As a teaching clinic on the 4th floor of Kurrajong House on Collins Street, Melbourne, the Australian College of Optometry (ACO) has continued to grow. Incorporated in 1940, the ACO was the first not for profit membership institution in Australia to teach a 4-year full time Optometry course, with its first students enrolled in 1941.
The ACO has continued to build on its commitment to education, through provision of clinical training in a public health setting to pre-registration university optometry students across Australia, and through expansion and innovation of education delivery to meet the current and future needs of members and the wider optometry profession. The latter has grown since the establishment of a continuing education unit in 1974.
Our highly valued and important work providing eye care services to communities experiencing disadvantage began in 1955 when we received our first grant for this purpose from the Victorian Government. Fast forward 30 years to 1985, when the Victorian Government made a key decision to establish an integrated, coordinated public health eye care program called the Victorian Eyecare Service (VES).
The ACO has been responsible for administering this important initiative on behalf of the Victorian Government for over 30 years, over which time more than 2 million Victorians experiencing disadvantage have benefited from quality eye care services aimed at correcting refractive error and preventing eye disease. In 2018 the ACO, in partnership with rural practitioners, provided over 77,000 patient consultations and dispensed almost 50,000 spectacles or other visual aids to more than 62,000 patients under the VES.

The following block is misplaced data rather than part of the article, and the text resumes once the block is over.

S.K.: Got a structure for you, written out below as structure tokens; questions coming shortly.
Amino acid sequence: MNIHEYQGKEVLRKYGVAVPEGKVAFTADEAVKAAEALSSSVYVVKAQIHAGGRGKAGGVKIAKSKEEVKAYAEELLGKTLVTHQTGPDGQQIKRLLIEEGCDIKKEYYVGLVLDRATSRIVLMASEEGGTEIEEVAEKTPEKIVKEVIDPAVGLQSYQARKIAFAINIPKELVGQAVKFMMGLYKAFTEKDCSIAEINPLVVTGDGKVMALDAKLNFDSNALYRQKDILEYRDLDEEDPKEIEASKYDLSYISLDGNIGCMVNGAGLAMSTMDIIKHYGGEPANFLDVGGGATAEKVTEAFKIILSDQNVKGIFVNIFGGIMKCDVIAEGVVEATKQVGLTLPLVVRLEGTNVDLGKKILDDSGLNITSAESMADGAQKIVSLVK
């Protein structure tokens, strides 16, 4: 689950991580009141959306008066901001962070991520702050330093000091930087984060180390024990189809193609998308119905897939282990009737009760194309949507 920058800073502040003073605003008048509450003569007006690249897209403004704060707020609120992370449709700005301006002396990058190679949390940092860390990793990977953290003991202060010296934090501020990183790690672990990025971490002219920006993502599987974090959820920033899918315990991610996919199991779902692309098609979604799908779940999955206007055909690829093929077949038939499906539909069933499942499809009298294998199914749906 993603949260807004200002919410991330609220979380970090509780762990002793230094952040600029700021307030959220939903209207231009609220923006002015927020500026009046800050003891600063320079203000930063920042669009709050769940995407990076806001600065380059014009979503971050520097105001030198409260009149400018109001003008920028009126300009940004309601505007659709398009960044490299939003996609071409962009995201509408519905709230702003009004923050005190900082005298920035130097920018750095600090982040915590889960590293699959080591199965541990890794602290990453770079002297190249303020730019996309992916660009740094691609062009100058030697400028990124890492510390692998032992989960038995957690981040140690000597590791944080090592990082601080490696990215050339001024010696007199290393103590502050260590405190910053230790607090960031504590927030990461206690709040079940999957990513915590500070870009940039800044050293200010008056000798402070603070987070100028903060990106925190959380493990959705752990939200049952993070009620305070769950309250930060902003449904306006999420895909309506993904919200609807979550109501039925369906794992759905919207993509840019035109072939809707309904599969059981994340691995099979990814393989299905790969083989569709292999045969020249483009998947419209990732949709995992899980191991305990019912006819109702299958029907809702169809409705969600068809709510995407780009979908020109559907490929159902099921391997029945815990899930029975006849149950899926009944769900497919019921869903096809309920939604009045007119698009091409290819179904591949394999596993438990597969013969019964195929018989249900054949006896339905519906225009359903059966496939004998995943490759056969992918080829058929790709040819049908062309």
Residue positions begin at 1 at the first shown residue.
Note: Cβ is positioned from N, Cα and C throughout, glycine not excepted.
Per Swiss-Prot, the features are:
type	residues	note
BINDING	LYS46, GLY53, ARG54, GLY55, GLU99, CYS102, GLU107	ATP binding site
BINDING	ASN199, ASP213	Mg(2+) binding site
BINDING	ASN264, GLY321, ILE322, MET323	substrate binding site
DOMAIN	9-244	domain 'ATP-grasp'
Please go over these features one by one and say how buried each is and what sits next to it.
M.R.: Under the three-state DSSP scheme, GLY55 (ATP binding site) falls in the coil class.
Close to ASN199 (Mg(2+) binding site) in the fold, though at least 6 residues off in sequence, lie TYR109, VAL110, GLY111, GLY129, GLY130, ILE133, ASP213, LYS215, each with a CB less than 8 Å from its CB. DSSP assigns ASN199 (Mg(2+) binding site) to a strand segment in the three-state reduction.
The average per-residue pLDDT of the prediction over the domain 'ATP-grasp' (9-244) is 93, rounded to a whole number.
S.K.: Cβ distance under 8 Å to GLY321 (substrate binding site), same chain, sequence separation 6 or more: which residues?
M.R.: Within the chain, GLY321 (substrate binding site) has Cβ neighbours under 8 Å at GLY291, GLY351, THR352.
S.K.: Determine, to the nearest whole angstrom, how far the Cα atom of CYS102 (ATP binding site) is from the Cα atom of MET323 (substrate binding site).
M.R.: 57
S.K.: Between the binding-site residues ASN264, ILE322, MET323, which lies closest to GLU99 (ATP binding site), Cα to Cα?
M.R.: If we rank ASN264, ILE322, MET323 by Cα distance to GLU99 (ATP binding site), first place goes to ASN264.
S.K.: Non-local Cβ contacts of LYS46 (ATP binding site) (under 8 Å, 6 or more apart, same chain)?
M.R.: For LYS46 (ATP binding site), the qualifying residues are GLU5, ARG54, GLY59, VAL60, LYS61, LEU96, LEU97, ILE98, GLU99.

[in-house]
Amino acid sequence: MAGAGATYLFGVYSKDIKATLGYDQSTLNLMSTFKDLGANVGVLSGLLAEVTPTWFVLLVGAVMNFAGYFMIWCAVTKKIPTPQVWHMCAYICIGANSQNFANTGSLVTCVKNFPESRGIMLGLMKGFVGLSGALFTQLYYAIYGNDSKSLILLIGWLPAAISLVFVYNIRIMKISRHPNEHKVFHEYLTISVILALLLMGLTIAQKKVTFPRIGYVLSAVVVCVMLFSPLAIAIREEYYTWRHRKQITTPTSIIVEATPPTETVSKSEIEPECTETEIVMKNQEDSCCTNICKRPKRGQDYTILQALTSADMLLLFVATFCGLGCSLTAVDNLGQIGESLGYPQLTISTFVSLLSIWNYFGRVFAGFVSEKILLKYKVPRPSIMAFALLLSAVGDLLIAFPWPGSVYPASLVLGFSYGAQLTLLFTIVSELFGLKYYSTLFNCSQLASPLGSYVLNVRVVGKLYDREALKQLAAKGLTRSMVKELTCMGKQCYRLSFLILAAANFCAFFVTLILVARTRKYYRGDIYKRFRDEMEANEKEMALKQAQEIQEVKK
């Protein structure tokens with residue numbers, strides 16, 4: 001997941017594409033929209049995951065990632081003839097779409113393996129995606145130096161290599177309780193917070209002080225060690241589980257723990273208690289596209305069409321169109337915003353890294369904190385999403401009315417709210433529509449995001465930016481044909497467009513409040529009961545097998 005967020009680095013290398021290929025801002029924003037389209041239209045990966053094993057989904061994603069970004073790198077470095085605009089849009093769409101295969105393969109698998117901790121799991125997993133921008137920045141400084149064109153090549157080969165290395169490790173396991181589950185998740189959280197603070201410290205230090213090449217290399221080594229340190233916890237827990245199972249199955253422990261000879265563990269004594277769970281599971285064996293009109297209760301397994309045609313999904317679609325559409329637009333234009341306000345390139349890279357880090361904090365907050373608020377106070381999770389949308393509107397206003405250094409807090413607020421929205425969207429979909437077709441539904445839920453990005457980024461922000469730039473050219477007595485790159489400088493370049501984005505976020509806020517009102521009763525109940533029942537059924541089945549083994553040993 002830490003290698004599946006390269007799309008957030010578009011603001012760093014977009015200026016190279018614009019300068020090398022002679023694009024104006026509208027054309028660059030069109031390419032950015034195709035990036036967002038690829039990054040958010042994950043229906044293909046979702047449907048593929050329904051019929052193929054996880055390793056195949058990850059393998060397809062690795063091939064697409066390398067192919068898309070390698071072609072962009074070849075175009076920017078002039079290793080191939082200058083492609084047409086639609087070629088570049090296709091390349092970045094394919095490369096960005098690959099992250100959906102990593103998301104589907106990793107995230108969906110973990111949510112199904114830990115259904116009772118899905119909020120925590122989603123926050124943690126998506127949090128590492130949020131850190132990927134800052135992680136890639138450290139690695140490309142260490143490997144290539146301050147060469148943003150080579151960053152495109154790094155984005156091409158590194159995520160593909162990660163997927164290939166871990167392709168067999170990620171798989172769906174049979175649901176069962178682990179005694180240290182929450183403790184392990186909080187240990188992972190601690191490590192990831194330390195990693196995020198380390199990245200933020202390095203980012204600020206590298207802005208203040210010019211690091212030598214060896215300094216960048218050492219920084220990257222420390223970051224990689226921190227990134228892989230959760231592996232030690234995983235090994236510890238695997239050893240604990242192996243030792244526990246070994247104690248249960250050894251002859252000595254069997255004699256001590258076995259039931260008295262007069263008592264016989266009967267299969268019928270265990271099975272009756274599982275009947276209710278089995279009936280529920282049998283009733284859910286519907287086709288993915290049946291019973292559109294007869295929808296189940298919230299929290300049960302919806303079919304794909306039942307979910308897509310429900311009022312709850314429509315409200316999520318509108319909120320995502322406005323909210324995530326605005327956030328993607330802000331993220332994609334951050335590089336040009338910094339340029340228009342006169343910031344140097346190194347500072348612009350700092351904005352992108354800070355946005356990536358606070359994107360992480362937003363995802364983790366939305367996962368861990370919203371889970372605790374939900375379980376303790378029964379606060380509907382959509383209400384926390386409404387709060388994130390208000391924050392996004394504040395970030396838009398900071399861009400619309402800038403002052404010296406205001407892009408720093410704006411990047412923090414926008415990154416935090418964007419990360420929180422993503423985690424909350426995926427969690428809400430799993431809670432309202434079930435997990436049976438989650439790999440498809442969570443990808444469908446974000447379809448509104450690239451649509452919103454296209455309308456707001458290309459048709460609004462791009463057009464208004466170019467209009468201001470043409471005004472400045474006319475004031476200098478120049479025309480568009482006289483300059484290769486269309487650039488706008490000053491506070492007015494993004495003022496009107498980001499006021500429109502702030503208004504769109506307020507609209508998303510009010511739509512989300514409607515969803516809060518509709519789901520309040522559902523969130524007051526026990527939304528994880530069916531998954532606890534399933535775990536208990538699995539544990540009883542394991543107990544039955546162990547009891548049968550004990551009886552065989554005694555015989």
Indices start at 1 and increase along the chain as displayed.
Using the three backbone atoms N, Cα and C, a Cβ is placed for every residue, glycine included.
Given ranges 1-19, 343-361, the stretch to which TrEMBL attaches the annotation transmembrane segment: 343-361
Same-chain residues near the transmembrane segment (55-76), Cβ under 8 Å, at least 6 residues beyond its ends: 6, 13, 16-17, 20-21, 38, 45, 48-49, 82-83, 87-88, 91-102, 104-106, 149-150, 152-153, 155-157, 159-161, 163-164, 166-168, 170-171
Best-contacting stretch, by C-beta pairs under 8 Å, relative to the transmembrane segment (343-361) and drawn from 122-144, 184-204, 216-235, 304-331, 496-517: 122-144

Today our main clinic is in Carlton with a network of clinics in metropolitan Melbourne and a mobile eye care service. Outreach services began in 1998 for patients with disabilities that could not access mainstream services, and expanded in 2003 with services to Indigenous Australians, homeless and other vulnerable Victorians. The ACO provides a coordinated program of general and advanced clinics and outreach services across Victoria, including services for the aged and frail, Aboriginal communities, refugees and asylum seekers, children from disadvantaged schools, homeless and other high-risk groups. Going forward the ACO seeks to adapt and expand this important public health eye care model to benefit more Australian’s experiencing disadvantage.
In 1972 the ACO reached another milestone with the establishment of its research division, the National Vision Research Institute (NVRI), to pursue research in vision and the disorders of vision. The NVRI was made possible through donations from the optometry community and later strengthened in 1979 and 2001 through a generous donation and substantial bequest from the Schultz Laubman Schultz Endowment Fund Trust. Over the past 45 years, the NVRI has carried out basic, applied and clinical vision research, with current research priorities including neurotechnology, with a strong focus on the development of prosthetic vision devices (or bionic eyes), clinical optometry and public health, to improve the understanding of vision science, eye care and treatment.